The everyday experiences of a young family taking on full home renovation

Buying and selling a home

How to jinx things when selling your home

It was my intention to launch this blog during the summer last year and continue to document our experiences during the sale and purchase process, as well as throughout the ongoing renovation. That all changed after my post ‘The risk that paid off’ in which I wrote about finding a buyer and getting a good deal through Sale by Tender – well and truly jinxing things.

The Sale by Tender process, pushed by our estate agents Cubitt & West, appears to be a great option for sellers. What they don’t tell you is that the company’s contracts for Sale by Tender buyers aren’t binding. In fact they have no legal weight whatsoever. So when we’d accepted a decent offer from a cash buyer for our flat, who then four weeks later announced he was actually going to pay £6,500 less than agreed, as well as refusing to pay the agents fees (around £4000), we didn’t have a leg to stand on. If we wanted the sale to go through, we’d have to take the hit.

By that point we’d also found our onward purchase. If we pulled out of the sale and put the flat back on the market, we were sure we’d lose the house. The most annoying part was we’d turned down other serious offers that were higher than our buyer was now willing to pay.

After a week of deliberation we agreed to take the lower offer. We then had to negotiate with the estate agents. Cubitt & West played hardball, not willing to compromise despite being part to blame for us being in this situation. In the end they agreed to a sole agency fee of 1.25% – the norm for most other agents in the area, but it wasn’t without raised voices and tears on my part. In hindsight I’m now wondering if it was all a ploy to double charge fees.

Once the money side of things was sorted, we then had the survey and the buyer’s queries to contend with. And the buyer’s solicitor’s queries. And then some more queries. And then the same queries again.

Hats off to my solicitors, Attwells (, who really went above and beyond in dealing with them. I was so happy to have gone with a fixed conveyancing fee; otherwise I dread to think what it would have cost.

One of the partners at Attwells, Lisa, said she deals with 1,200 conveyancing cases annually and she hadn’t seen as many queries in at least six years. Just our luck!

We accepted our buyer’s offer on 25th July. We finally sold the flat on 8th December. It took almost six months to sell a small one bedroom flat that needed nothing doing to it.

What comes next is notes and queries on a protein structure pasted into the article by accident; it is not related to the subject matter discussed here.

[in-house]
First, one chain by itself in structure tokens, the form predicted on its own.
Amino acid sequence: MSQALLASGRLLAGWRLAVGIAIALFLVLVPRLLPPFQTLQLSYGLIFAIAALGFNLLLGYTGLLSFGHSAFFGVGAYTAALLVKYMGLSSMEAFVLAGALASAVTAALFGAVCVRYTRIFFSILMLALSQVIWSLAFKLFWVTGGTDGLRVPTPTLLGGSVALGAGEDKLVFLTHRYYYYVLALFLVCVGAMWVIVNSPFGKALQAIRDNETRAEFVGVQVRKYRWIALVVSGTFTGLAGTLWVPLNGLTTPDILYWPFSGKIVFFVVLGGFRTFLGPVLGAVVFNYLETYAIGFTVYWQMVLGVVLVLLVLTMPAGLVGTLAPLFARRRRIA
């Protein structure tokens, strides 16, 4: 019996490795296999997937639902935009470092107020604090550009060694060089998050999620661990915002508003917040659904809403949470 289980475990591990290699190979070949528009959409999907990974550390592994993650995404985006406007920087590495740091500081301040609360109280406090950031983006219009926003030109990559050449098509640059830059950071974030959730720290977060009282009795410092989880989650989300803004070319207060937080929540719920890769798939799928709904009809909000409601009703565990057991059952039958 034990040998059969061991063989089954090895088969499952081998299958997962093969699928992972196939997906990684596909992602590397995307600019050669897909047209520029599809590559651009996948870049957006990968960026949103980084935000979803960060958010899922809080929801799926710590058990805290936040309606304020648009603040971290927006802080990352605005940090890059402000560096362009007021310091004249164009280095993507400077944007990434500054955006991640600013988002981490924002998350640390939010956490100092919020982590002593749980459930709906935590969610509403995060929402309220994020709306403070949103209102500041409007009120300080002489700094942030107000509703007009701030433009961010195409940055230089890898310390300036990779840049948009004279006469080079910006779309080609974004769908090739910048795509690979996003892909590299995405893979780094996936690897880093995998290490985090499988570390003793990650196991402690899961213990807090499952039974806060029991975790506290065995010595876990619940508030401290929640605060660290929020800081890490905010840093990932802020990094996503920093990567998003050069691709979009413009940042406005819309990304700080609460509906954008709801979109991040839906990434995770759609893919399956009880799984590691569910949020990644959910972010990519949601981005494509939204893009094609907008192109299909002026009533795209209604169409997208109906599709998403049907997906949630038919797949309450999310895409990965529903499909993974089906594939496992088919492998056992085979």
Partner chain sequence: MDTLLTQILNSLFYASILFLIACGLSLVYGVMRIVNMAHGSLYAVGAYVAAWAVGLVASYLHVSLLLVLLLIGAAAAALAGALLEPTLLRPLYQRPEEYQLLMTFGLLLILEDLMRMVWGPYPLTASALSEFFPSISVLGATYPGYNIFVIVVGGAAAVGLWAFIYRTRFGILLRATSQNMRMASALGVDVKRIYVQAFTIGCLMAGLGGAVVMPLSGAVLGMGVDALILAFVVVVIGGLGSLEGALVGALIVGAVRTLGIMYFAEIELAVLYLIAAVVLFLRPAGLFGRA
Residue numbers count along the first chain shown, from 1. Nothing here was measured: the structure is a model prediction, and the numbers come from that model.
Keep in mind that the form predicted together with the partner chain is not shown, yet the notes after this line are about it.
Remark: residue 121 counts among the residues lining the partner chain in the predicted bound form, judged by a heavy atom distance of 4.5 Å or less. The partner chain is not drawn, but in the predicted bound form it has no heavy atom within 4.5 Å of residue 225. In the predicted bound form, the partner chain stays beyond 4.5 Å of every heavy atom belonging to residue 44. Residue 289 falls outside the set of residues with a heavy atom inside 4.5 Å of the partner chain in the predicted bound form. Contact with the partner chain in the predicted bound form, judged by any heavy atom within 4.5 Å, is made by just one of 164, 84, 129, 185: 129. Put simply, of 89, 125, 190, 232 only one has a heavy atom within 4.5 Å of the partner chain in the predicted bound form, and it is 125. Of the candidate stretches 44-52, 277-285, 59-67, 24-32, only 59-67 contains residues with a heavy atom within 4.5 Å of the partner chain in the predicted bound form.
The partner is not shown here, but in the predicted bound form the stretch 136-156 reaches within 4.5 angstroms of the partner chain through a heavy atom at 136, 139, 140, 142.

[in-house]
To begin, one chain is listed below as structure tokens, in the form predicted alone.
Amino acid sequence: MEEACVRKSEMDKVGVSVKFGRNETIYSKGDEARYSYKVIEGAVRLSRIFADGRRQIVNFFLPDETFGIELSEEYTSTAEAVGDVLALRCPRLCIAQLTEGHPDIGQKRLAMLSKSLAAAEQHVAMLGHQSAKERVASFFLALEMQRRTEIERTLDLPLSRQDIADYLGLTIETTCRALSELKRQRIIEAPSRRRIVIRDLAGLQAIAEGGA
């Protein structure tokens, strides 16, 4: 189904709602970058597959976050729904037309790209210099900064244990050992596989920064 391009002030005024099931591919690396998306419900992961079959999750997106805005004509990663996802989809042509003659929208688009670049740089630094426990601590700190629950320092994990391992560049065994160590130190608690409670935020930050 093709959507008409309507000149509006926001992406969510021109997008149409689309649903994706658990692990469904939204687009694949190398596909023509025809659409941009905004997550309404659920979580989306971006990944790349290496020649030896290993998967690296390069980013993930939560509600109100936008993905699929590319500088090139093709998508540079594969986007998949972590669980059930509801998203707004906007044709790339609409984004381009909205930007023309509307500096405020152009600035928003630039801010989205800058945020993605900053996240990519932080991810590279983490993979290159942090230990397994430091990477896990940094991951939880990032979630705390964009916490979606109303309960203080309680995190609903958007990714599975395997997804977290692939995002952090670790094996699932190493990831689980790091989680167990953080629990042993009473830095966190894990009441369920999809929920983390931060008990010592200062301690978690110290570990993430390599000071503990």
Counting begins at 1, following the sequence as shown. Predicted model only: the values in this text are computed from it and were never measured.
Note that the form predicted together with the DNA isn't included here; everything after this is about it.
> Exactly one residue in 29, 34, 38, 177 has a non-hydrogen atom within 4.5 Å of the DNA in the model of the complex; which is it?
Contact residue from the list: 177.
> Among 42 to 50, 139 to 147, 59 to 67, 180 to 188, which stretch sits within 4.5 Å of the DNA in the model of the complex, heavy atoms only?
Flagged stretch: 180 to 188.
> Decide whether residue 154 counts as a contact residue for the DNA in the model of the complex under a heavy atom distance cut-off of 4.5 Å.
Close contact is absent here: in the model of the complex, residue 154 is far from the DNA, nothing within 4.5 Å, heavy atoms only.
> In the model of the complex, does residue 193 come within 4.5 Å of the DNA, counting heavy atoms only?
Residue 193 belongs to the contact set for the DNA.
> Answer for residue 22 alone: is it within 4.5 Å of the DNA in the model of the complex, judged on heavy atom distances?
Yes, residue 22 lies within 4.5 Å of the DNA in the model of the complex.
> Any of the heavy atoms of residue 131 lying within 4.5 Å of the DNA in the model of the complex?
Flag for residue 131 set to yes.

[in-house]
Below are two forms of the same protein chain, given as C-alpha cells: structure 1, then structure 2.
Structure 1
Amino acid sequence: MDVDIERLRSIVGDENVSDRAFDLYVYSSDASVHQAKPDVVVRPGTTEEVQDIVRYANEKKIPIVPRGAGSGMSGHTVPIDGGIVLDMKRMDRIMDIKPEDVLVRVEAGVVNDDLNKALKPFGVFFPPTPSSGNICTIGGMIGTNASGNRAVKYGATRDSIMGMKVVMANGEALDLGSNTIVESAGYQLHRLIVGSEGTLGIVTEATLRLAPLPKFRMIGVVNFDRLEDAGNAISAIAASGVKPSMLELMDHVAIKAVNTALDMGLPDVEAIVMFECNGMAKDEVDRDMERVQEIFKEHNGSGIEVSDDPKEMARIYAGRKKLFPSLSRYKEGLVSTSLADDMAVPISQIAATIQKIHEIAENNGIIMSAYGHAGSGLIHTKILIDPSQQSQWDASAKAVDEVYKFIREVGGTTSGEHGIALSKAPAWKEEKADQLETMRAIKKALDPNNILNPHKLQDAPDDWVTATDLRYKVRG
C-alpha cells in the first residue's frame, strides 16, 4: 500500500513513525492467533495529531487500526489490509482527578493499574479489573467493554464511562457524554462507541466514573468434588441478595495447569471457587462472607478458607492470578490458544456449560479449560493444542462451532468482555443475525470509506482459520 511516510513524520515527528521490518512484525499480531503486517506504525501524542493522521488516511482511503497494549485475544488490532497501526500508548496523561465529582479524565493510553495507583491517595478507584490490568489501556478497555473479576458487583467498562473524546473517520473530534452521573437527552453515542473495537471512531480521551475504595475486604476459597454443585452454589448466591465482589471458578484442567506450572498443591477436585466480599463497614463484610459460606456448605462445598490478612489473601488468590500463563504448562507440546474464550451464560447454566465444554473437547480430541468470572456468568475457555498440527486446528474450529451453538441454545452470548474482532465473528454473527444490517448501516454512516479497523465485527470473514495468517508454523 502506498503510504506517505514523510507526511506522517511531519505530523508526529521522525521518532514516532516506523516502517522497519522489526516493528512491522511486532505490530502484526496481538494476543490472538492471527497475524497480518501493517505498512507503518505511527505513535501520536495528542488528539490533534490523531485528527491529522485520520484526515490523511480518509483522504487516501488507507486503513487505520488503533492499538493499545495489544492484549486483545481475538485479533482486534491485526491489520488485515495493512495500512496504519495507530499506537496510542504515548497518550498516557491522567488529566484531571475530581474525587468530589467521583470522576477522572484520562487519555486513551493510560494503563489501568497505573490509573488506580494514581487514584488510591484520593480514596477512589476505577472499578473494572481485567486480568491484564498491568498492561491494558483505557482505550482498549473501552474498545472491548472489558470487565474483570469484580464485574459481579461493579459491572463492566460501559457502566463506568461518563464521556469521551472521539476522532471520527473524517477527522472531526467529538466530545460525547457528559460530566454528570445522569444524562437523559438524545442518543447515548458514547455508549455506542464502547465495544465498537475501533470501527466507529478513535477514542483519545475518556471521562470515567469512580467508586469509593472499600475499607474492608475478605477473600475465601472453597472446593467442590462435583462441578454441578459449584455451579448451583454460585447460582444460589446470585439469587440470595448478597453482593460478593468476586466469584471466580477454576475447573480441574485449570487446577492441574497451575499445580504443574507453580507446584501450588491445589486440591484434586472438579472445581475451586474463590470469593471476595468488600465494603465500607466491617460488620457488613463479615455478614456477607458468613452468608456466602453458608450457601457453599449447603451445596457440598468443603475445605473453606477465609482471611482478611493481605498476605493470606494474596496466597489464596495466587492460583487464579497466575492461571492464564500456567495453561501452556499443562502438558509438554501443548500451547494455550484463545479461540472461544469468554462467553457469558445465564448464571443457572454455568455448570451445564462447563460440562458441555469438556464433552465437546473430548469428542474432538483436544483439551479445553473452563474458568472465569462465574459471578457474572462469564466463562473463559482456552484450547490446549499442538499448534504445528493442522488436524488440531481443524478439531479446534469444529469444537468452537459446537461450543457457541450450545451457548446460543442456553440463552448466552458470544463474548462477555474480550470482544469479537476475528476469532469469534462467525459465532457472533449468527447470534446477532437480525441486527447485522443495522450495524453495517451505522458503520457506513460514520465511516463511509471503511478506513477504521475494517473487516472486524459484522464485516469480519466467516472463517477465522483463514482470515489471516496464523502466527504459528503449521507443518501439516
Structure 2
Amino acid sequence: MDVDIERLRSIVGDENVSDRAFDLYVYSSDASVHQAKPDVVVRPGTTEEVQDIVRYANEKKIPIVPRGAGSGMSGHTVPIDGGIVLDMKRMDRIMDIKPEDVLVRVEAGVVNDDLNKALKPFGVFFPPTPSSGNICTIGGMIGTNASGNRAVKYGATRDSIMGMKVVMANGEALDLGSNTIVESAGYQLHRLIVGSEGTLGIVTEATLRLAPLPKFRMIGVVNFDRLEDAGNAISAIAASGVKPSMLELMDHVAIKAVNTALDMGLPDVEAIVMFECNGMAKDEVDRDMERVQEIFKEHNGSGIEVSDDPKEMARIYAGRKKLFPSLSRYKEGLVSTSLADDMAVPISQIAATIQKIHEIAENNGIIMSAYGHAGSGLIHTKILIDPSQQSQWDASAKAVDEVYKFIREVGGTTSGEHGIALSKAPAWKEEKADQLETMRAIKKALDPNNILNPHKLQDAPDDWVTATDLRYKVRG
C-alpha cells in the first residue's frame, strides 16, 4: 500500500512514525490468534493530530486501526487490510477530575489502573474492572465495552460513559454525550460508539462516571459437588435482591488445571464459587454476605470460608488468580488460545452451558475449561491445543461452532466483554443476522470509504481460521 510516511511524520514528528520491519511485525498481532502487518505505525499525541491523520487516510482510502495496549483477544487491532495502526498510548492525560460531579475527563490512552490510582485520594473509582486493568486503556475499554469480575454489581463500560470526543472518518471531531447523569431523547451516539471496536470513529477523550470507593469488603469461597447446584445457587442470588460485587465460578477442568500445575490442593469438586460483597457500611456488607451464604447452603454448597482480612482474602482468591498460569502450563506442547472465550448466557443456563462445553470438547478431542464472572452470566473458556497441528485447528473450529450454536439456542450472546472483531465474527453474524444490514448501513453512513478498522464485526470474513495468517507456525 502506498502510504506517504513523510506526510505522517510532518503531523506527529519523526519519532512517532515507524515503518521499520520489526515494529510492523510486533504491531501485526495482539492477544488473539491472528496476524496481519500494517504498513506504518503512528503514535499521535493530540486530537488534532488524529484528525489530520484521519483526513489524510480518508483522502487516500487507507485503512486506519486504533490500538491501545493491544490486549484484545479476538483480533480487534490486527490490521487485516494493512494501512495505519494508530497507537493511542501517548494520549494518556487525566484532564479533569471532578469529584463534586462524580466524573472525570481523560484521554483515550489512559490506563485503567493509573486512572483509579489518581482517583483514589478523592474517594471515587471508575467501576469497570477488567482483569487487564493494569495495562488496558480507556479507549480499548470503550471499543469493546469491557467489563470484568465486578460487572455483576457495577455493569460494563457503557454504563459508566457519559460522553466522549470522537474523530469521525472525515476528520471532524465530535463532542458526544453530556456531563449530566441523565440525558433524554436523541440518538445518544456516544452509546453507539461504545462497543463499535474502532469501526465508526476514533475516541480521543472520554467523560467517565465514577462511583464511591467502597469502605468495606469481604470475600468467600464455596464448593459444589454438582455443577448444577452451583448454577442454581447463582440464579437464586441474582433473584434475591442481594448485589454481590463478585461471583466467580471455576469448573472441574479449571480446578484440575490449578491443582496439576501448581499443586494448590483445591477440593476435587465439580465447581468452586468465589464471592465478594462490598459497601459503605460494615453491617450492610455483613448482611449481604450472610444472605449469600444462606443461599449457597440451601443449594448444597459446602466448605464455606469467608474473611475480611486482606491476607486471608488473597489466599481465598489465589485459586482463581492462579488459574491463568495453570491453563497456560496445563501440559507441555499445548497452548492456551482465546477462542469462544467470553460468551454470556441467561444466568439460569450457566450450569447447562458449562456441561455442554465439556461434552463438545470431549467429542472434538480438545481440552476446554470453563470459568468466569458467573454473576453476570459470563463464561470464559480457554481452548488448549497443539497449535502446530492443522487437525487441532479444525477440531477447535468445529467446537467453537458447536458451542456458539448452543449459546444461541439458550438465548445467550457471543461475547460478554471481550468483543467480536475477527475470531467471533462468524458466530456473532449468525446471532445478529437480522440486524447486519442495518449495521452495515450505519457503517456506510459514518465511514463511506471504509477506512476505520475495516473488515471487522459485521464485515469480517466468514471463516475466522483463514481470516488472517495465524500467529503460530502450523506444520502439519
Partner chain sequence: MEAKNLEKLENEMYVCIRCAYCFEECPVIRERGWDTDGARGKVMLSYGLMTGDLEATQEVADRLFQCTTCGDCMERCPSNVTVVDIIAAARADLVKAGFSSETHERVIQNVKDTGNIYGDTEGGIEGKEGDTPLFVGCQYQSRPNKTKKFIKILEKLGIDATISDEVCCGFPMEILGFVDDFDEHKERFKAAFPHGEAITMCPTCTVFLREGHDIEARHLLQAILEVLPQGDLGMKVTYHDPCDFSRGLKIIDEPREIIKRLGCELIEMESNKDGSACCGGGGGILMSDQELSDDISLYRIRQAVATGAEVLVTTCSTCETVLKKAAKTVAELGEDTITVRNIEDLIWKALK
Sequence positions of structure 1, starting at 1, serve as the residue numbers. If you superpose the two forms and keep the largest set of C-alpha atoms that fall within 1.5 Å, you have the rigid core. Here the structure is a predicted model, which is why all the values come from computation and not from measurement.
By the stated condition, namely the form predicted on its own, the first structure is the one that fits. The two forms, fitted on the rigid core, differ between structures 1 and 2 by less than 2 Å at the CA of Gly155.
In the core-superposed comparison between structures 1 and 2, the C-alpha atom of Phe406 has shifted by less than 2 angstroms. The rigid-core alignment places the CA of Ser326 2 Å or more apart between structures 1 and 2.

Five things I have learnt / tips for selling a home:

  1. Do your research and don’t fall for seasoned sales patter – when I had the flat valued I spoke to five different estate agents and had made the decision to go with Brand Vaughan ( Post decision made, Cubitt & West talked me into a meeting during which the sales agent said all the right things and tempted me with the Sale by Tender approach, whereby I’d save thousands in agent’s fees. I was sucked in and it cost me – don’t make the same mistake!
  1. Don’t be greedy – as well as the above, I chose my buyer’s offer over another cash buyer who I’d met and was really lovely, simply because he’d offered £500 more. It cost me time and £10,000, which I probably wouldn’t have lost if I’d gone with the other offer. But I’ll never know for sure, and no regrets!
  1. Don’t jinx things – superstitious perhaps, but I really felt it all went wrong after I’d written that blog. Hence why no more blogs until now and why I haven’t said a word about the new house (I can’t wait to tell you all about it – blogs and photos coming very soon!).
  1. Play the game with solicitors – whether they’re slow, full of attitude, seemingly stupid, whatever – just be friendly, polite and answer their questions as fully and as best you can, even if they’ve already asked you the same question twice before. Anything else just slows things up.
  1. Good things come to those who wait – the sale process was disheartening and frustrating at times, but being patient certainly helped and we got what we wanted in the end.


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